I started this thing a while ago where I decided I was going to name ten albums important to me (and important for me) in a particular musical genre. I started with hip-hop (see here). And then I decided to do my list of seminal and sentimental metal albums (see here). And most recently it was a tricky task picking ten electronica albums (see here).
Each time I write one of these lists up the aim is to create a series of lists. My list – obviously. And then you get to add your list. It’s not about one list being correct – it’s about all of them being correct for the individual that created them. The point of it, I guess (and I hope), is that it gives people a chance to compare and contrast. And from there to discover and/or re-discover classic albums from a genre as well as antecedents, reference points…
Each time I write one of these lists up there are comments about how safe it is or arguments over the genre definition and whether the album belongs. And I would expect it to be no different with this attempt – given that I’m going to try to pick my ten influential/important Country albums.
And each time I write one of these lists I quote the opening paragraph from the first Ten Important Albums post – so I’m going to do that again now:
We all know that lists are subjective – that is the point of them. So I’ve decided to do a series of top 10 albums across genres. They’ll appear sporadically. And rather than call them “Top 10” I will call them 10 of the most important – sorry if that sounds pretentious. It’s not meant to.
We could also think of these lists as the gateway-drugs – the vinyl/CD/cassette/Mp3s that turned you on to the sound, which gave you context, understanding of the genre. And – presumably – promoted you to find more in that style…
So – country music; I’m ignoring alt-country, Americana and other names – well, I’m not ignoring them, I’m interpolating them. Albums that make the list are the country albums that opened my ears – that got me interested in country and in some cases kept me interested or rekindled an interest…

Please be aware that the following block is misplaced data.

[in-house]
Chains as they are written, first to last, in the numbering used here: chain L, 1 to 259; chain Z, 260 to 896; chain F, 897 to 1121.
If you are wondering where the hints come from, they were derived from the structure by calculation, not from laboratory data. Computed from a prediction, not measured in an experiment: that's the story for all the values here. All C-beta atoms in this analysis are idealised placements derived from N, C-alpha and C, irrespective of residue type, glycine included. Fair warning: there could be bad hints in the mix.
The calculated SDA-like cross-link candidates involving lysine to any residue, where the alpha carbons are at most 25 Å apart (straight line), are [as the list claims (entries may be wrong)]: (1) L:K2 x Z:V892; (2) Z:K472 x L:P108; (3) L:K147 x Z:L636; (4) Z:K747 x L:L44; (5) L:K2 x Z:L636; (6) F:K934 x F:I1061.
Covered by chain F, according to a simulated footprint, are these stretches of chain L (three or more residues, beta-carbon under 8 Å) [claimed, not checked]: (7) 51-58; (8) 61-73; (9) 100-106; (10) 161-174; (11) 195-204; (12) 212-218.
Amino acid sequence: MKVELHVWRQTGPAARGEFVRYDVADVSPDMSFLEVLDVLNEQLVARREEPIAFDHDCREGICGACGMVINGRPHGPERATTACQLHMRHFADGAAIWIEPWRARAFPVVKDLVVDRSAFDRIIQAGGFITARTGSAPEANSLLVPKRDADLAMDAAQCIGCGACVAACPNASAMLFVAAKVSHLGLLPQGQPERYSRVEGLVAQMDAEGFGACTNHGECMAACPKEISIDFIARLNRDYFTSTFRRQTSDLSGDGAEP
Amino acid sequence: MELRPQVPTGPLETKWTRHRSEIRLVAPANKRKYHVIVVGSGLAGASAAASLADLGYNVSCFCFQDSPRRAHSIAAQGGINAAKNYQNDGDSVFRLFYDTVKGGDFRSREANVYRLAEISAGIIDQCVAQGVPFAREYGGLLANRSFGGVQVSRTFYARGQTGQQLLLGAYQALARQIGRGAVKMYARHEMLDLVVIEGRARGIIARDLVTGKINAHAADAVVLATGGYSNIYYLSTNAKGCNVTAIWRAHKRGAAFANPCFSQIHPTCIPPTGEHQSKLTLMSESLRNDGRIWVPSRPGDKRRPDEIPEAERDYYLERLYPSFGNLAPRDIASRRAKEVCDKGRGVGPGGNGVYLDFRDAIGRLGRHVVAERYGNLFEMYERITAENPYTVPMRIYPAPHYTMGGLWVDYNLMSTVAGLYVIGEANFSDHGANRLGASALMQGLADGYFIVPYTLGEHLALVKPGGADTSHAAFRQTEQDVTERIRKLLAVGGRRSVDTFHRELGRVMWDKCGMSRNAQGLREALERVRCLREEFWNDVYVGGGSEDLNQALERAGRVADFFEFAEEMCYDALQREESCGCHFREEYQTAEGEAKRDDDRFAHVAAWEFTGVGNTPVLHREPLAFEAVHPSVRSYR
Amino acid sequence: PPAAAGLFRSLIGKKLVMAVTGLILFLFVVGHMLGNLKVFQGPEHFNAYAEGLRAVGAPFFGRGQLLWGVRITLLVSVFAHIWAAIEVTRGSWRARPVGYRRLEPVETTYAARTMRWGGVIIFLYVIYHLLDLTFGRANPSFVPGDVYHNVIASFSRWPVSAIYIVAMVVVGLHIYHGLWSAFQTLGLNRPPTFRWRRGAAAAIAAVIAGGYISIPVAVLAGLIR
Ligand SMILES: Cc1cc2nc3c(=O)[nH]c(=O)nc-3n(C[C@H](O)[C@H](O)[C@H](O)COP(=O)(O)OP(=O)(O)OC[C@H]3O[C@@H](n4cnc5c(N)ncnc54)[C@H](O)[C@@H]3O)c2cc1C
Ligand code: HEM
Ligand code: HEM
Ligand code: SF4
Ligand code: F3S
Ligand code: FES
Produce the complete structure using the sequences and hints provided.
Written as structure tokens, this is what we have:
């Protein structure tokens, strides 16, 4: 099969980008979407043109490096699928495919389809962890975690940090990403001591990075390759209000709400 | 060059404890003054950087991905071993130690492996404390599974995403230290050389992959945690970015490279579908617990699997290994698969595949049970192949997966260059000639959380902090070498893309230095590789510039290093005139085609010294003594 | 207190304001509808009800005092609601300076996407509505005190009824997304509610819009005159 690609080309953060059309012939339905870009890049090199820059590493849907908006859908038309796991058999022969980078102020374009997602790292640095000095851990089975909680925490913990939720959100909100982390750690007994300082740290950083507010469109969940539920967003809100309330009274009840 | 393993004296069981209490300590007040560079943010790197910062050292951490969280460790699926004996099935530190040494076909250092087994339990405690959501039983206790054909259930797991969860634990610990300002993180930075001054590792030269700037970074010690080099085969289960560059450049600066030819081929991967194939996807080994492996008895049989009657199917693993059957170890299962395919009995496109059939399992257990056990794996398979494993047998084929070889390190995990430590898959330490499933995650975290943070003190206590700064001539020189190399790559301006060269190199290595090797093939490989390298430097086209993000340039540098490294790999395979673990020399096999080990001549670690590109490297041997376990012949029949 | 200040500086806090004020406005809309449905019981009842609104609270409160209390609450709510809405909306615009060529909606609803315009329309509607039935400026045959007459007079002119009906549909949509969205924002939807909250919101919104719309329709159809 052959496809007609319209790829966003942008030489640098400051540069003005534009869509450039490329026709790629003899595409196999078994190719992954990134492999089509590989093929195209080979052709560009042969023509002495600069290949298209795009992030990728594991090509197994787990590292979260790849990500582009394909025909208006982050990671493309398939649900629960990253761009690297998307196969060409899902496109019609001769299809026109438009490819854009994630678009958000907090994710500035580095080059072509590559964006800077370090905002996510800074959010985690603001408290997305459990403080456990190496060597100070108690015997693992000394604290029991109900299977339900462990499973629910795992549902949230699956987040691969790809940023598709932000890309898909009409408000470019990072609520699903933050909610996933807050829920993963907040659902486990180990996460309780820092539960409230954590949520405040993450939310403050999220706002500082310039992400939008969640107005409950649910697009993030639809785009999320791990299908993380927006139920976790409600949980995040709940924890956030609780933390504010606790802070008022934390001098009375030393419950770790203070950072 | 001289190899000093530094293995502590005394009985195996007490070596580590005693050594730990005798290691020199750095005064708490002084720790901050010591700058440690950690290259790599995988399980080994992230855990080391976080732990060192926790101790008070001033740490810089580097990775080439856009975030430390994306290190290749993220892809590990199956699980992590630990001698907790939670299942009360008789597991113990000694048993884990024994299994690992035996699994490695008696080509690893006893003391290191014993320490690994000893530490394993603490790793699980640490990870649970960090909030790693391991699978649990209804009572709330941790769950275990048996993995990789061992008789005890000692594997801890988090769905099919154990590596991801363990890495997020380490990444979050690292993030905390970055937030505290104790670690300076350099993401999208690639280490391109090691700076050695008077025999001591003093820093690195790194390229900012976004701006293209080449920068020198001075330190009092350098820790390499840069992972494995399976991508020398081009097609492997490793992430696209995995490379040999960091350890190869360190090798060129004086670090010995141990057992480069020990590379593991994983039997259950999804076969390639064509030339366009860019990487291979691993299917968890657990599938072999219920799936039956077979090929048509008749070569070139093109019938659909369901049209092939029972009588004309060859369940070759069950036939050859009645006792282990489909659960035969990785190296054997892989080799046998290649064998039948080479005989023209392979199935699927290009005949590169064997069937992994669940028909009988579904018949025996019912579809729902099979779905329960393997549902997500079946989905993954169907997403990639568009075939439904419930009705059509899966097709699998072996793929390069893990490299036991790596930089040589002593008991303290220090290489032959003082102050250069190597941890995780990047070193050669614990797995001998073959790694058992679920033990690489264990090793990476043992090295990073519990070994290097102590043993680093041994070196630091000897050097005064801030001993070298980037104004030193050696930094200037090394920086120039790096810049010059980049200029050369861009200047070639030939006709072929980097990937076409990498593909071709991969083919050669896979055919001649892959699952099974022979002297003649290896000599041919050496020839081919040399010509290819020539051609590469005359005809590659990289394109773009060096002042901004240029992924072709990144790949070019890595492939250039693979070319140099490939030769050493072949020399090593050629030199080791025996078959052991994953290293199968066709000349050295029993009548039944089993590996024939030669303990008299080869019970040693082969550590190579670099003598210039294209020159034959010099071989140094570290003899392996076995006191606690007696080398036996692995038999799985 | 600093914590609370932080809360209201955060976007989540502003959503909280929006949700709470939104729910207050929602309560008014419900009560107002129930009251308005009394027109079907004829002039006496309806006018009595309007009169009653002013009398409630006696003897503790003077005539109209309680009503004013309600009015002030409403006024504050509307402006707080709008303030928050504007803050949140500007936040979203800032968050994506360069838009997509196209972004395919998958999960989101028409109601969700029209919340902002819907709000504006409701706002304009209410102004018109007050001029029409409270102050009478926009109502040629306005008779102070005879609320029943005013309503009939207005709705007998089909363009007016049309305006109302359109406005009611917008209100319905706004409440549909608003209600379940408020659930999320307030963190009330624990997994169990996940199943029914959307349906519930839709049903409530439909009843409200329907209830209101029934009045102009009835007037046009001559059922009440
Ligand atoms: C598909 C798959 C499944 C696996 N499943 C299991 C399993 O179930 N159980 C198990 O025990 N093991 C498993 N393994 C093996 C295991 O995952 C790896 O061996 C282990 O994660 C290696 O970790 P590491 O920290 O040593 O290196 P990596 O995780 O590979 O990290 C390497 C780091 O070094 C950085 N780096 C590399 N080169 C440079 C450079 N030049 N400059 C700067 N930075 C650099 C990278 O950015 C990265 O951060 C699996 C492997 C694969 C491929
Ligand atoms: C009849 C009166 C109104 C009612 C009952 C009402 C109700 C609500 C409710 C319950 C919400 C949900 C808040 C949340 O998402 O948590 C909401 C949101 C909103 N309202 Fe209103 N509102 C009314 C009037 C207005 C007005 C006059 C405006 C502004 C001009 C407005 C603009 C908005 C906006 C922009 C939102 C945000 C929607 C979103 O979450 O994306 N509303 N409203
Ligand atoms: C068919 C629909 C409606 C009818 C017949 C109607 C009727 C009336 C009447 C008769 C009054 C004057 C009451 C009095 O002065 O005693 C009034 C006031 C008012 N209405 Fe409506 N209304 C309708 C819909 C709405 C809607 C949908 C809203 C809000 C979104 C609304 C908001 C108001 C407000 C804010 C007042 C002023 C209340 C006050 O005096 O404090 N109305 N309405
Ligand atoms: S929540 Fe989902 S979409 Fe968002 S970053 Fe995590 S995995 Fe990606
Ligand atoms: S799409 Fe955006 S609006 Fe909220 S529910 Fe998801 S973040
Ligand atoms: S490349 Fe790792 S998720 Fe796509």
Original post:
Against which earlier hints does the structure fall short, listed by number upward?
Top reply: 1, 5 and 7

Growing up, country music was never flavour of the month in our house. Thinking about it now I have to blame my grandparents for playing Anne Murray and Charley Pride records – for also introducing Kevin ‘Bloody’ Wilson’s crude country satires to my ears. But it wasn’t so much the fact that my grandparents’ music made a negative impact on me. I was too young to really recognise a lot of it. It definitely made a negative impact on my parents and so I can honestly say that there was not a lot of country in the house. Dad had an Alabama tape that would do the rounds in the car. The Charlie Daniels Band was on rotate for a while but apart from The Eagles nothing – really – even came close.
So I had a late start to country music. I avoided it (without probably really knowing I was avoiding it) right through school and for most of university. A Johnny Cash compilation would make its way in to my CD collection. A chance to hear Willie Nelson’s acoustic guitar playing; an appreciation of Albert Lee’s abilities, playing The Gambler at parties and in pubs with a covers band…there were a few touchstones – but it was all hip-hop, rock, pop, metal, jazz, blues, soul and funk really. No country. Not for a long time.
Then for a while it was more country than anything else. Country, roots, blues, folk, Americana, alt-country, cow-punk and some impossible-to-categorise-except-for-under-the-veil-of-country indie/alternative bands.
So – how did that happen? Well, at various points, I like to think it was because of the albums below (and of course many others). So here now are the ten important country albums in my life.
This wasn’t my introduction to Willie Nelson – but it was the first album of his (apart from Stardust) that I listened to the whole way through, as an album. And it was, very quickly, my favourite album. Check out I Never Cared For You. The line-up involved is stunning. Emmylou Harris contributing backing vocals and harmonies, Daniel Lanois producing and offering his great composition, The Maker. And the band features harmonica great Mickey Raphael. It’s an album I still listen to regularly. And whilst it sent me back to investigate Nelson beyond the hundreds of sub-par compilations that don’t at all do him justice, it is also the reason I keep looking forward – no matter how selective you need to be – to collecting bits and pieces from his post-90s output.